Wales Ambulance Service: 'Big changes needed,' review says

Ambulances queue outside Wrexham Maelor hospital The review proposals three models for the way the ambulance service can be run

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Major changes are needed in the running of the Welsh Ambulance Service, according to a review commissioned by the Welsh government.

The review also calls for paramedics to be given more training to make decisions about patient care and calls for a revamp of performance targets.

The service failed to meet targets for life-threatening call responses in every local authority area last month.

The ambulance service said it had faced extra pressures with adverse weather.

All-Wales figures for March show 53.3% of emergency responses arrived within eight minutes. The Welsh Ambulance Service target was 65%.

The review ordered by the former Health Minister Lesley Griffiths last year calls for a new "clear vision" for the ambulance service and big changes in the way it works.

'Lacking in clarity'

It says the ambulance service should concentrate on emergency patients, leaving routine transfers to hospitals as the responsibility of local health boards.

Health correspondent Owain Clarke says the report identifies 'fundamental flaws'

Led by health academic Prof Siobhan McClelland, the review also found a "fundamental problem" with accountability and governance arrangements of the ambulance service which it describes as "complex and lacking in clarity".

It proposes three models for the way the ambulance service could be run in the future:

  • One option would be to run the ambulance service as a separate health board directly funded by the Welsh government with the same budget, performance and accountability.
  • A second option would see ambulance services commissioned directly by health boards but with clearer aims and procedures.
  • The third option would see individual health boards taking charge of the ambulance service in its area which would see its dissolution as an all-Wales service.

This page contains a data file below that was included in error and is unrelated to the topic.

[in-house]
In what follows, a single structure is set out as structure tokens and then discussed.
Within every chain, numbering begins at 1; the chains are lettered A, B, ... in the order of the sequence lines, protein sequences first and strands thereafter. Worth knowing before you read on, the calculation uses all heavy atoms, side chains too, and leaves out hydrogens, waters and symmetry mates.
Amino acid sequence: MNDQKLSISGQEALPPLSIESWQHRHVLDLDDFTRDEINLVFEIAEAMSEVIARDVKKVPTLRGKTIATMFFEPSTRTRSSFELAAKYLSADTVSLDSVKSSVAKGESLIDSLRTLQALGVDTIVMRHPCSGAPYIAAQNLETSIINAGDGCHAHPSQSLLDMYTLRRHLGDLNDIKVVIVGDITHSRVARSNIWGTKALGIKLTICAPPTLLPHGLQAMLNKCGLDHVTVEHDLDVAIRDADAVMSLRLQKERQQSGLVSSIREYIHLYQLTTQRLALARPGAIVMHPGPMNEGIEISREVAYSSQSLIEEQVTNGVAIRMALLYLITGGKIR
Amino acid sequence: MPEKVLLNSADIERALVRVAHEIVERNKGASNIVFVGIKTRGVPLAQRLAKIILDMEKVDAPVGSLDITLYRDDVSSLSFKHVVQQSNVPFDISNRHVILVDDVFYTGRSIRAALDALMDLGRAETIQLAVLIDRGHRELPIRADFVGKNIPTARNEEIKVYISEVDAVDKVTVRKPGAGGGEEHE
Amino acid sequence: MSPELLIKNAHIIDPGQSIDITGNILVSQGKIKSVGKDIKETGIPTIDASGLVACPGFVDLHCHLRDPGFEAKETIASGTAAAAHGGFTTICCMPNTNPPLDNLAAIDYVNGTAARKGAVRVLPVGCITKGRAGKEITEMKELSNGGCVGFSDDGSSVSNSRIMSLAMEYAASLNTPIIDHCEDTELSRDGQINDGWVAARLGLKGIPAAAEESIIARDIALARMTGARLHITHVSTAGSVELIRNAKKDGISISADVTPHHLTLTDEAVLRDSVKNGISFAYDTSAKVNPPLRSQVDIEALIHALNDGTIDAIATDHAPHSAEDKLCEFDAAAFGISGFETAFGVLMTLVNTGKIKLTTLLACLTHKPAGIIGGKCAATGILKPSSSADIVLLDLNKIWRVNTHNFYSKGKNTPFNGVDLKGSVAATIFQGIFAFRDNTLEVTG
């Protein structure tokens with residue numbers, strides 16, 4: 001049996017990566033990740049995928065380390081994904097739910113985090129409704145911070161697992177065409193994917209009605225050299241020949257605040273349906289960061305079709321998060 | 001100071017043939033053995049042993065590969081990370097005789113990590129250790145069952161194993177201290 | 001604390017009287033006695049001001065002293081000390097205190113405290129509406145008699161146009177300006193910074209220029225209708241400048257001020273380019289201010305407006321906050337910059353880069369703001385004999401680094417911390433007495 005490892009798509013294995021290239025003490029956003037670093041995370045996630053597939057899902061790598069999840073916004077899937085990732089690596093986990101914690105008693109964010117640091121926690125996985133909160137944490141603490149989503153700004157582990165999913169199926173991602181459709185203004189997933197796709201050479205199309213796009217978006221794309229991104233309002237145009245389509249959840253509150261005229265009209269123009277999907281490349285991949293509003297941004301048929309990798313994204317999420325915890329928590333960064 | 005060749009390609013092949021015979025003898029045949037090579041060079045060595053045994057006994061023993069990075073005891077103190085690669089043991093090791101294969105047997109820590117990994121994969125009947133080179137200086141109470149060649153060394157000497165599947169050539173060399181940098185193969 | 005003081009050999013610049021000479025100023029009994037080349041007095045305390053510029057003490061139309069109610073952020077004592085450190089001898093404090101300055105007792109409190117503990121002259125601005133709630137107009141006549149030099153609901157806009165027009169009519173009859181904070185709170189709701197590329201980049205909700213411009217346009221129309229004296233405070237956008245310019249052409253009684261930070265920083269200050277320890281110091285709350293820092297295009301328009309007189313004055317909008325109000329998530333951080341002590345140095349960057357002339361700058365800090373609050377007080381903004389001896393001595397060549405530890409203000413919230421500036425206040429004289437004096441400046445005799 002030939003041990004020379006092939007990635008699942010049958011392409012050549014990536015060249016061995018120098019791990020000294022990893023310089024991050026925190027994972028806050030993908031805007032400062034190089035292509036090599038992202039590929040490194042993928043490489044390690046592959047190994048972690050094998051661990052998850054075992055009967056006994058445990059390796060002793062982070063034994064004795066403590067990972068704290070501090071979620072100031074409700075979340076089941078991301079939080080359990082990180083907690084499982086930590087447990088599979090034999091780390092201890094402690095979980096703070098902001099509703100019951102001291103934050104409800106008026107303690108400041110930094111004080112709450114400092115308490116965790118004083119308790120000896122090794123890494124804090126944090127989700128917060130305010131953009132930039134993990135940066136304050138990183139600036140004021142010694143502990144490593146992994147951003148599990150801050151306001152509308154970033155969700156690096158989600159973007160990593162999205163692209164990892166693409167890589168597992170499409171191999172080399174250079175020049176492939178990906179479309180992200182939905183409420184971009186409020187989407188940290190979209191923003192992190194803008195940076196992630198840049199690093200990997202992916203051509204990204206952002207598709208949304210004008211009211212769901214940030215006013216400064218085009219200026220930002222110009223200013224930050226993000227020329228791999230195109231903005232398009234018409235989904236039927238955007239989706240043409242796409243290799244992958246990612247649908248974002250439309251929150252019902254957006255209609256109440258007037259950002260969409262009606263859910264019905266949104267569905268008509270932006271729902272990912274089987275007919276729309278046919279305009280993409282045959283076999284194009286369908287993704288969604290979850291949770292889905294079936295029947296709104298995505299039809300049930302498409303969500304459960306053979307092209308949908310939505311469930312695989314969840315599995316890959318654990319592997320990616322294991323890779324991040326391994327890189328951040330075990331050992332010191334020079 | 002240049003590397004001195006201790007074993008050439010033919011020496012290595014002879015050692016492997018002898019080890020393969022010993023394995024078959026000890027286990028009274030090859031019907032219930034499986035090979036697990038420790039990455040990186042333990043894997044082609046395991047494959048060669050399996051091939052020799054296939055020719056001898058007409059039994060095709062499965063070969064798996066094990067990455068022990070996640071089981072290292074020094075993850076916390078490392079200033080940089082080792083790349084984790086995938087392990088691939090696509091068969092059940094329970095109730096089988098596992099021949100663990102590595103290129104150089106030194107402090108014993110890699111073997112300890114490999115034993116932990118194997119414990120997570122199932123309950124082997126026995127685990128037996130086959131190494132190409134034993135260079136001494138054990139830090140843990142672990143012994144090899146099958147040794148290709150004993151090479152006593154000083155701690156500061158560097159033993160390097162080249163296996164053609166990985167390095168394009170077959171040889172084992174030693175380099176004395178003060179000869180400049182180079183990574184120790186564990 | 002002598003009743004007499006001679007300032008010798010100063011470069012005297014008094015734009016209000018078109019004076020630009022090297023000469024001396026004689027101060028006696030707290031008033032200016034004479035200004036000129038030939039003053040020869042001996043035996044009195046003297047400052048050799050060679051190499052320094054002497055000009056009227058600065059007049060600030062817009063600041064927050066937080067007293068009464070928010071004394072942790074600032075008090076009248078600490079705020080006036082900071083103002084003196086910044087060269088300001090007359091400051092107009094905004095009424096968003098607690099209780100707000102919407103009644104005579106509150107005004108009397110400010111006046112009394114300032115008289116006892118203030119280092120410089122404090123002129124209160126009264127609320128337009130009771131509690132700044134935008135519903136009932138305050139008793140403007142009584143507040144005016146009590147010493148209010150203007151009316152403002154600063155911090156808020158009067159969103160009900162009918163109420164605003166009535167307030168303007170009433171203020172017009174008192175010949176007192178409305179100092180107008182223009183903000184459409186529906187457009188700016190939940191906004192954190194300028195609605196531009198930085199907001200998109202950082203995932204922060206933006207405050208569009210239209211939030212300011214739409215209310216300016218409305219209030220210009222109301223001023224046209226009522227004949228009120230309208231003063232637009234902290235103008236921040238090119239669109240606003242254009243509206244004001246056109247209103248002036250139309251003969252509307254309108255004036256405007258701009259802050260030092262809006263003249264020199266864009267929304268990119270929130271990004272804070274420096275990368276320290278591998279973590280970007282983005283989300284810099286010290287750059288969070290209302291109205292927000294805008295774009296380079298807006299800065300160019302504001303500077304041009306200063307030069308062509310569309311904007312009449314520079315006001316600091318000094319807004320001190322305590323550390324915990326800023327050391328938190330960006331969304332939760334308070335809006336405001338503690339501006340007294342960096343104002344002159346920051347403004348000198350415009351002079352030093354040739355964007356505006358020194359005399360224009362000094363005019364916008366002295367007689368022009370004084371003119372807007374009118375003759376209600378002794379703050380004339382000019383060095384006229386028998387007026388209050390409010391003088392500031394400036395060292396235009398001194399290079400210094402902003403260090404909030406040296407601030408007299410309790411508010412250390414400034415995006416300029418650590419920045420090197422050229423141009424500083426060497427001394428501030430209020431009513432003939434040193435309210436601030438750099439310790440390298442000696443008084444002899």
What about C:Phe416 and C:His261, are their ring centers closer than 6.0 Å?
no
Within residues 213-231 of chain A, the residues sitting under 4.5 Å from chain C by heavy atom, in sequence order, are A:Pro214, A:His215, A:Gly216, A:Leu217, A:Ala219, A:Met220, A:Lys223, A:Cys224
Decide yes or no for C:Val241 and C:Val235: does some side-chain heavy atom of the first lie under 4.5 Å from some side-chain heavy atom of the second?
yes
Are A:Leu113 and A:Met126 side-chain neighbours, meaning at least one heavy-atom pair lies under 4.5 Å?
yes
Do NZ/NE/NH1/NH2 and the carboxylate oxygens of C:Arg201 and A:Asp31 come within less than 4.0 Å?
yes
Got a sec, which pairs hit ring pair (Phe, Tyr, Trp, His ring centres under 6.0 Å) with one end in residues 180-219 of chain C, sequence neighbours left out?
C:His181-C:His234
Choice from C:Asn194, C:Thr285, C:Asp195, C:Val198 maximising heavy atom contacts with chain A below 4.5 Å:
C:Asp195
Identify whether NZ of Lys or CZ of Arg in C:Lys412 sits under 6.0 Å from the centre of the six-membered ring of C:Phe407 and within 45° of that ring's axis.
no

'Food for thought'

The review says each option has advantages and disadvantages but the third option could be legally fraught and would neither be "quick or straight forward to implement".

ANALYSIS by Prof Ceri Phillips, health economist, Swansea University

The model which is most attractive is the one where the current health boards would commission the ambulance service to provide emergency and patient transport.

Local authorities can help provide transport through bus services as well as ambulance services.

It's the emergency service which needs to be looked at very closely so that we don't get patients being picked up and taken to hospital and having to wait.

We need to go back to look at why patients are actually being conveyed to hospital if they don't necessarily need to be there.

The review makes the valid point that more training of paramedics needs to take place.

Patients need to get the treatment they need at the right time.

Prof Phillips was talking to BBC Radio Wales

Opposition parties called for urgent action from the Welsh government to improve the ambulance service.

Conservative health spokesman Darren Millar said "swift action" was needed by ministers.

He said: "Scores of ambulances are stacked up outside our emergency departments, response times have fallen to a disgraceful low, and unwanted hospital closures and downgrading are set to increase ambulance travelling times and make the situation worse. Patient care and safety is being put at risk.

"The report's recommendations give significant food for thought but it is important that these are considered alongside other challenges facing our NHS and the way in which it delivers emergency care."

"This is the latest in a long line of ambulance service reviews and we now need to see some swift action from the Welsh government to address the problems it identifies."

Welsh Liberal Democrat leader Kirsty Williams said it was important to "see action" from the Welsh government.

She said: "This is the ninth review we have seen into the ambulance service in Wales in the last six years.

"Let us hope this is the last review because what we need now is action not more empty words and futile strategies."

Plaid Cymru health spokesman Elin Jones welcomed some of the findings.

She said: "Some recommendations are really useful, such as the recommendation to give more resources to enable the training of paramedics and a more workable relationship between [local health boards] and the ambulance service."

The Welsh government and the ambulance service both declined to comment before the matter was discussed in the assembly next week.

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